Tron: Legacy

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Brief Encounters: Tron Legacy

Jeff Bridges, Joe Kosinski and Olivia Wilde sit down to chat about light suits, 3D and THAT face...


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Home Interviews Brief Encounters Brief Encounters: Tron Legacy
Brief Encounters: Tron Legacy Print E-mail
Written by Ivan Radford   
Wednesday, 15 December 2010 09:01

It's been 28 years since we last saw The Grid, and plenty has changed. It's gone from hand-drawn effects over the top of black cushions to sexy, stunning and sleek. A lot is thanks to the CGI, which is genuinely impressive for most of the movie. But how do you go about updating The Grid? You can't just shut it down on Sundays and disrupt The Dude's weekend commute. Joseph Kosinski, Olivia Wilde and Jeff Bridges all sit down to chat about making Tron: Legacy. The costumes, the 3D, and THAT face...


Joe, most debut movies are something cosy and small budget. What the hell are you doing here? Are you insane?

JK One of the first things I did was get Jeff Bridges on board, that was a huge step for me. I was exited to take things in - I was a fan of the original and saw a huge opportunity to something different.

Jeff, how is it to play opposite... yourself?

JB Very odd. It was recreated - so it wasn't actually me. It was a rendition created by some wonderful artists. My wife was called in to make the final approval!

So it was made out of clay at first?

JK Yeah, it started with a silicone base...

JB ... and that was scanned in the computer and then I drove that image. The final results felt a hit like hearing my voice for the first time on a tape recorder. I'm happy to say my wife prefers this version

And what was it like to work with such updated technology after the original Tron?

JB Our original set was all black duvetine and white sticky tape! Those were the days when there was no Internet and we carried around mobile phones in suitcases. Scanning myself into the computer was make believe then, but now it's real! I got scanned! All this Motion capture and make up, it's all new to me and challenging...

So you prefer the old school to the new school?

JB I have a love-hate thing going with challenges. I'm drawn and repulsed by them. And this modern technology is definitely challenging. I went through a bit of resentment, but I liked my costume! I had to make adjustments, you know, to fit in with the game. You came to the party to dance the cha-cha and there's a waltz band there and... this is a weird answer! We were joking on set about the future, like Tron 3: The Pill. You just take it and BOOM! I'm up for whatever goes down, I guess.

Was the technology a challenge for you as a director?

JK It's the same challenge as every film: to focus on story and characters. I tried to keep the technology at the periphery, although sometimes it did intrude. My job is to try and surround the actors with as much reality as possible.

Olivia, your costume was stunning. Was it hard to manage?

OW It was challenging, but if I played a knight, I'd expect chainmail to be challenging too. Nothing quite like them has ever been made before - they were latex and foam, with lamps and wires and battery packs running through them. We were like little energiser bunnies who could be turned on by remote. It was like stepping into a light sculpture. I stepped into the first time and they turned me on and - there's no avoiding the turn on jokes!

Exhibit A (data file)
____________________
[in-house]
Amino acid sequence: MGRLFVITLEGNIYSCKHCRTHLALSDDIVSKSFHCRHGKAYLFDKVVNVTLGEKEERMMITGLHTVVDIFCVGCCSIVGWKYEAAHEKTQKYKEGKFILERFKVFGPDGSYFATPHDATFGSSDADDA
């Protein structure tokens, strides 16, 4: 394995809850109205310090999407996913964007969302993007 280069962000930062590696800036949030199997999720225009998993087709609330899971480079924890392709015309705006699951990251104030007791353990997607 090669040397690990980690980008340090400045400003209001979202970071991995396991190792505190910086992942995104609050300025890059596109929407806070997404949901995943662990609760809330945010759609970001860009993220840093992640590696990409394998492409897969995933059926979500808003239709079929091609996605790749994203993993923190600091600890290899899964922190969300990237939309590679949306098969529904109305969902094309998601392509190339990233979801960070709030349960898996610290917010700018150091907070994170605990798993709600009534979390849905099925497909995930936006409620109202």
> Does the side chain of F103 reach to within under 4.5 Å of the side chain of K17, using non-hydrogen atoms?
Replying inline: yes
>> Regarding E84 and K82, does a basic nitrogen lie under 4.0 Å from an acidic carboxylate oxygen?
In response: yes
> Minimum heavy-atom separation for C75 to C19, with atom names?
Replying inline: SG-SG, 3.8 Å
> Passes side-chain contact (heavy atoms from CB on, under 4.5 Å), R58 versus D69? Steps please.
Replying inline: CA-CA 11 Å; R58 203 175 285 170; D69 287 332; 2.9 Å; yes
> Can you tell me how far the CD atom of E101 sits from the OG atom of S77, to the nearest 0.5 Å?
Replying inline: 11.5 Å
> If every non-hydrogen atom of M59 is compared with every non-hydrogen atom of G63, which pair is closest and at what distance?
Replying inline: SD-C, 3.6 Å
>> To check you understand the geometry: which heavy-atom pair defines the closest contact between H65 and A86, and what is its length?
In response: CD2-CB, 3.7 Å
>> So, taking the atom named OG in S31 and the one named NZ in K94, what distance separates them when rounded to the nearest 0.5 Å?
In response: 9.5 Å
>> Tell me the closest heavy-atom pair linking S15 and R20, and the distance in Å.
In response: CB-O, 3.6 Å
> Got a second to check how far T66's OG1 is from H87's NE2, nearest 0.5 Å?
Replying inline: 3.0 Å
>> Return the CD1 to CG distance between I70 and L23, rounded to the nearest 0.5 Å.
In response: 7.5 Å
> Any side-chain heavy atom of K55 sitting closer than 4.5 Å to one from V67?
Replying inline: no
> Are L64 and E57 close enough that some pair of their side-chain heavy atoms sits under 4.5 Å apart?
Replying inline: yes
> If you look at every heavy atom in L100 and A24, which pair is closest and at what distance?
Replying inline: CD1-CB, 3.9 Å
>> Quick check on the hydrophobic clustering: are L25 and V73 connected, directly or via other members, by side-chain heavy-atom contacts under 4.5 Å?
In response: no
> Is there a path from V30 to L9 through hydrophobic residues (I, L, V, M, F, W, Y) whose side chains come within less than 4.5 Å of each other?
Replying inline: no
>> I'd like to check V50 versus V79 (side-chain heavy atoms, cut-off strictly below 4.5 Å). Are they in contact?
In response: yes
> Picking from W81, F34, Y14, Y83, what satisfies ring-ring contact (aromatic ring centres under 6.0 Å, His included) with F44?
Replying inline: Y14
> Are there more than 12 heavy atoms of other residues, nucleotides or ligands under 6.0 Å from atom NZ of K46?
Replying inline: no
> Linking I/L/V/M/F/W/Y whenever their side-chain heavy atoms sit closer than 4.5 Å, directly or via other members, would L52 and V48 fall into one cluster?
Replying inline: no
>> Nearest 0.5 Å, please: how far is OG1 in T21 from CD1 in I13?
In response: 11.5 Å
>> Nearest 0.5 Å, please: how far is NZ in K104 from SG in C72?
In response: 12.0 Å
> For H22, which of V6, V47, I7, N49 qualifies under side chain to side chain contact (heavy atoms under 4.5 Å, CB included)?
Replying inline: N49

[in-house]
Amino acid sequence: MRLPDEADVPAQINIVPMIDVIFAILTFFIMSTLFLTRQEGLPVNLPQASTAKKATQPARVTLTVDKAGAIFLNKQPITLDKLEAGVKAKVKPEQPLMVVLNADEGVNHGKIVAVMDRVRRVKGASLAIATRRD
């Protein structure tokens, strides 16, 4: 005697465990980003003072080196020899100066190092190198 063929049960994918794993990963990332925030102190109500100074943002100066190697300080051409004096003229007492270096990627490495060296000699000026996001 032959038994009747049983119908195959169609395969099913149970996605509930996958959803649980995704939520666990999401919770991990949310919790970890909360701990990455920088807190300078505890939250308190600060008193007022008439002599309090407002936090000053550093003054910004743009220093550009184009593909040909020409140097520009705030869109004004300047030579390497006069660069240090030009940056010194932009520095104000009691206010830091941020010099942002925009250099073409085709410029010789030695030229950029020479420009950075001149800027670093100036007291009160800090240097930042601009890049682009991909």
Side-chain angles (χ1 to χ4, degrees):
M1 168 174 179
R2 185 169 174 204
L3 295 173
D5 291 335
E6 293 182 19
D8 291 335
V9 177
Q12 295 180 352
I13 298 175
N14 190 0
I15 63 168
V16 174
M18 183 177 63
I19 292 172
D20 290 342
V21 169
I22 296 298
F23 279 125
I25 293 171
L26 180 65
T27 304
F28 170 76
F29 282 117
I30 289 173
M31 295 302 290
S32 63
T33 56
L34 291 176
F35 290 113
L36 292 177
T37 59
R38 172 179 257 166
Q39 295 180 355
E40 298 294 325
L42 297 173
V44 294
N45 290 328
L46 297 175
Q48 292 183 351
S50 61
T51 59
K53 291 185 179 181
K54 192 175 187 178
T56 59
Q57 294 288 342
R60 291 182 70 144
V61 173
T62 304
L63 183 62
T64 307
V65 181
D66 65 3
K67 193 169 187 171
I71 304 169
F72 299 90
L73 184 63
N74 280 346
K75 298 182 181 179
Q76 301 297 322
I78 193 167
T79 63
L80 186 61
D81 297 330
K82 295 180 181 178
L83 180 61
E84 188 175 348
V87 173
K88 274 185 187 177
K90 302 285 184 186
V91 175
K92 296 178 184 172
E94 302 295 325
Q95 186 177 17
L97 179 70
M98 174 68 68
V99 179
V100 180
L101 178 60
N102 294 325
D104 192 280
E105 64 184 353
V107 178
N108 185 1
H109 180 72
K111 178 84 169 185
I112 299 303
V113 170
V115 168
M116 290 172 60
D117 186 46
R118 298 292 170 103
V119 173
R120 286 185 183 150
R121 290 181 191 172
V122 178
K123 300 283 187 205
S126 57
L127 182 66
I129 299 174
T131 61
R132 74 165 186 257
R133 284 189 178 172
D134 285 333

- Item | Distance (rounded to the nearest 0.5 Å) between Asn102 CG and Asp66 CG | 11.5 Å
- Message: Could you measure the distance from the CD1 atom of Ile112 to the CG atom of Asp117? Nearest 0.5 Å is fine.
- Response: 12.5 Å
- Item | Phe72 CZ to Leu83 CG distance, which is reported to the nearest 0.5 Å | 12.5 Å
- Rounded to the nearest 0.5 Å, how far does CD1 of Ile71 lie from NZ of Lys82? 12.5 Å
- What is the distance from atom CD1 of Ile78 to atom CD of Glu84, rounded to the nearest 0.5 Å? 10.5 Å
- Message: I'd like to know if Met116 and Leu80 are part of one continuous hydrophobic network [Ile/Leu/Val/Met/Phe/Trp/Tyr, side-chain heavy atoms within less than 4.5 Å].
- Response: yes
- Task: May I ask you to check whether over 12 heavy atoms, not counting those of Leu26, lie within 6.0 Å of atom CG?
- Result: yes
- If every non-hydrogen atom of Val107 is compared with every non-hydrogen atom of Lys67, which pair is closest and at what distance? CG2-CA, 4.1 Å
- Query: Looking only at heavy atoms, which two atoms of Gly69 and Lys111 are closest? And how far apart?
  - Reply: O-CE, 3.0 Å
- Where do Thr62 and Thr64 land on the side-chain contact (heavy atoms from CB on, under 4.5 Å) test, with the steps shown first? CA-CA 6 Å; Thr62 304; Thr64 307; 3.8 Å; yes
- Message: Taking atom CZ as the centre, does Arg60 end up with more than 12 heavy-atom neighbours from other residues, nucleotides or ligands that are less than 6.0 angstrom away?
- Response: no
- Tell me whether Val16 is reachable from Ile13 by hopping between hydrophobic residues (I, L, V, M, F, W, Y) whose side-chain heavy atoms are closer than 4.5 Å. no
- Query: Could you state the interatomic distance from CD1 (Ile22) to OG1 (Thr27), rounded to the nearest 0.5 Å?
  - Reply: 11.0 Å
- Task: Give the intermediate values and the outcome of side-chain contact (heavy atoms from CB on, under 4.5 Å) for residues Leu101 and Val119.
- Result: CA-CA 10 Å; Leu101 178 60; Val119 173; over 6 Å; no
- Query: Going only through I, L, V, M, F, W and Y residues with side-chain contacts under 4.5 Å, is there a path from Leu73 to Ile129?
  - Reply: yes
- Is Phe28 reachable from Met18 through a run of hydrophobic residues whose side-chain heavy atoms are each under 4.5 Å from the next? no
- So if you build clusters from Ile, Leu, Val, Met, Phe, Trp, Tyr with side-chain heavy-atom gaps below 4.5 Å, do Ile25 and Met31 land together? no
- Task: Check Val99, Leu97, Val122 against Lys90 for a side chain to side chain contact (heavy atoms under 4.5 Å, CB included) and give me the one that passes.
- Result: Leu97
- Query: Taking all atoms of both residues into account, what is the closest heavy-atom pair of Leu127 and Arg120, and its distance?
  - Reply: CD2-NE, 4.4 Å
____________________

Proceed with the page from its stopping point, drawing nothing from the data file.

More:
It's interesting to note that Quorra, despite her appearance, isn't that sexualised. What are you thoughts on that?

OW I credit Joe for creating Quorra with me that way. Other directors would've encouraged her to be seen that way, overly sexualised. In a world as sexy as Tron that would fit in, but she's something that I think is a lot more interesting. As an actress it is rare to find that kind of material but it's even rarer to find a director who allows you to discover the person beyond their physical side. She did change - we used her nerdy laugh, which is really my nerdy laugh that I normally try to hide on camera...

Jeff, to what extent do you feel your clone, Clu, is your own performance?

JB One of the great things about movies is that it's a collaborative process. And this was that to the nth degree. My face is tuning it, but I had to work with John Reardon who played my body, but it was interesting how it wasn't exactly my movements - an interpretation of me from another artist. It was the same with the face. I ran the expressions but the face itself wasn't me.

And if you did meet your younger self from 28 years ago, what would you say to him?

JB It's gonna be OK man! Just take it easy. 

And finally, Joe, how does it feel to have finished the film after filming for so long and then doing 62 weeks in post-production?

JK Well, it's a very collaborative process in post too. It was me and my team of 200 artists - the crew changed out but it was the same process. I don't think people realise how many people are required to make these things! I used to have these dreams about running through wet cement, and that's what it feel like to spread a 2 hour movie over 3 years. But it feels good to be finished!


Tron: Legacy is released on Friday 17th December.



  • 1982
  • clu
  • disney
  • jeff bridges
  • joseph kosinski
  • kevin flynn
  • motion capture
  • olivia wilde
  • press conference

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